Jennifer Browning, center manager at Charlotte, expressed her excitement at the work being done in Raleigh and looks forward to being able to implement the transgender services when the research and development is completed. She remarked that there was a great deal of acceptance on both sides of the spectrum between the LGB clients and the staff. She said that she was relieved to know that these clients felt comfortable and safe with Planned Parenthood.

One thing that all clinics have available is HIV testing. Browning said that in her experience, she found that some clients wanted the news quicker than others. Some receive the instant results test, which is ready in 10 minutes. However, there are many who prefer the tests that require longer laboratory time. When required, counseling services and referrals are made available.

Browning also shared that Planned Parenthood has set up booths at Pride Charlotte and hopes to continue to share its story with the community.

In Durham, the staff and volunteers there have also set up at NC Pride and have marched in parades in years past.

Up in Asheville, staff member Callie said that she regretted that there was no hormone therapy for transgender clients available right now. But, she realizes that will change once Raleigh has finished their work. She commented that the services that they provide come with less judgment than traditional providers.

Lea Salas Cordova, 70, retired, transgender and who serves as a Spanish medical interpreter, as well as a member of Duke University’s LGBT Task Force, participated in staff training on transgender healthcare issues over the summer. Through her work with the Durham Gender Alliance support group and Trans Health Initiative of North Carolina, she encouraged Planned Parenthood to open up its services to the transgender community. She had approached the University of North Carolina and Duke University, but felt that the locations were not public enough to make a difference. In a personal note to friends, she commented that she was “impressed by the staff’s enthusiasm and courteous, competent, aware attitude toward the addition of these services to their responsibilities. … This is a major step forward, a ‘clinical jump’ on behalf of the local trans communities.”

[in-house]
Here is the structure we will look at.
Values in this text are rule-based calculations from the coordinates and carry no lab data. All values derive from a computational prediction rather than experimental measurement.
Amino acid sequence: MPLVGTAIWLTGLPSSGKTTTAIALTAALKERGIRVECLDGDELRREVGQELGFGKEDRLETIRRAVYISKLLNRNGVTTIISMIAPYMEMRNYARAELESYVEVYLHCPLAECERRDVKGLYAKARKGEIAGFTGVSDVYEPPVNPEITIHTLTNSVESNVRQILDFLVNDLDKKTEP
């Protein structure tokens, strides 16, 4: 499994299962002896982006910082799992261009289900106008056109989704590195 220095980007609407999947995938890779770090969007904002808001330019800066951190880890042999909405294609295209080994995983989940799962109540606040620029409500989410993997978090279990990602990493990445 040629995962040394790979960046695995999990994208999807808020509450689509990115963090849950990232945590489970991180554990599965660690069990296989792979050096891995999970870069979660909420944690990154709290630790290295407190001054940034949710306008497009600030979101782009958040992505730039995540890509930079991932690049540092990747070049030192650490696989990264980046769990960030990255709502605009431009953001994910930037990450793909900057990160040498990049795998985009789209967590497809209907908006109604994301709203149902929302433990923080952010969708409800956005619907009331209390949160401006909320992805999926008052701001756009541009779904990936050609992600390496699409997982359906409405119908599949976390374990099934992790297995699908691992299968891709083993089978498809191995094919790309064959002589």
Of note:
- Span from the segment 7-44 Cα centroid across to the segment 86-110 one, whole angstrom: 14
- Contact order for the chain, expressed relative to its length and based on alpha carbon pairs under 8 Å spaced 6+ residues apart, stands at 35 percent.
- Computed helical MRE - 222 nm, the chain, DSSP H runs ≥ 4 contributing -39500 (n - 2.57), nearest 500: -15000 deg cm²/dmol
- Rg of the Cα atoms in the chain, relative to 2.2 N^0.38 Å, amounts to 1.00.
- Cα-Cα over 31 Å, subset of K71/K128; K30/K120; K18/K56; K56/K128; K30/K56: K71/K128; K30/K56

Planned Parenthood also has many resources for LGBT teens, adults and parents on subjects regarding sexual health, orientation and gender identity and the coming out process. Volunteers are always being sought to work within the Planned Parenthood community.

Overseas, the Planned Parenthood Federation of America has worked for 40 years to ensure that proper healthcare is provided to men, women, and youth in neglected areas across the globe.

For more information, visit planned parenthood.org. : :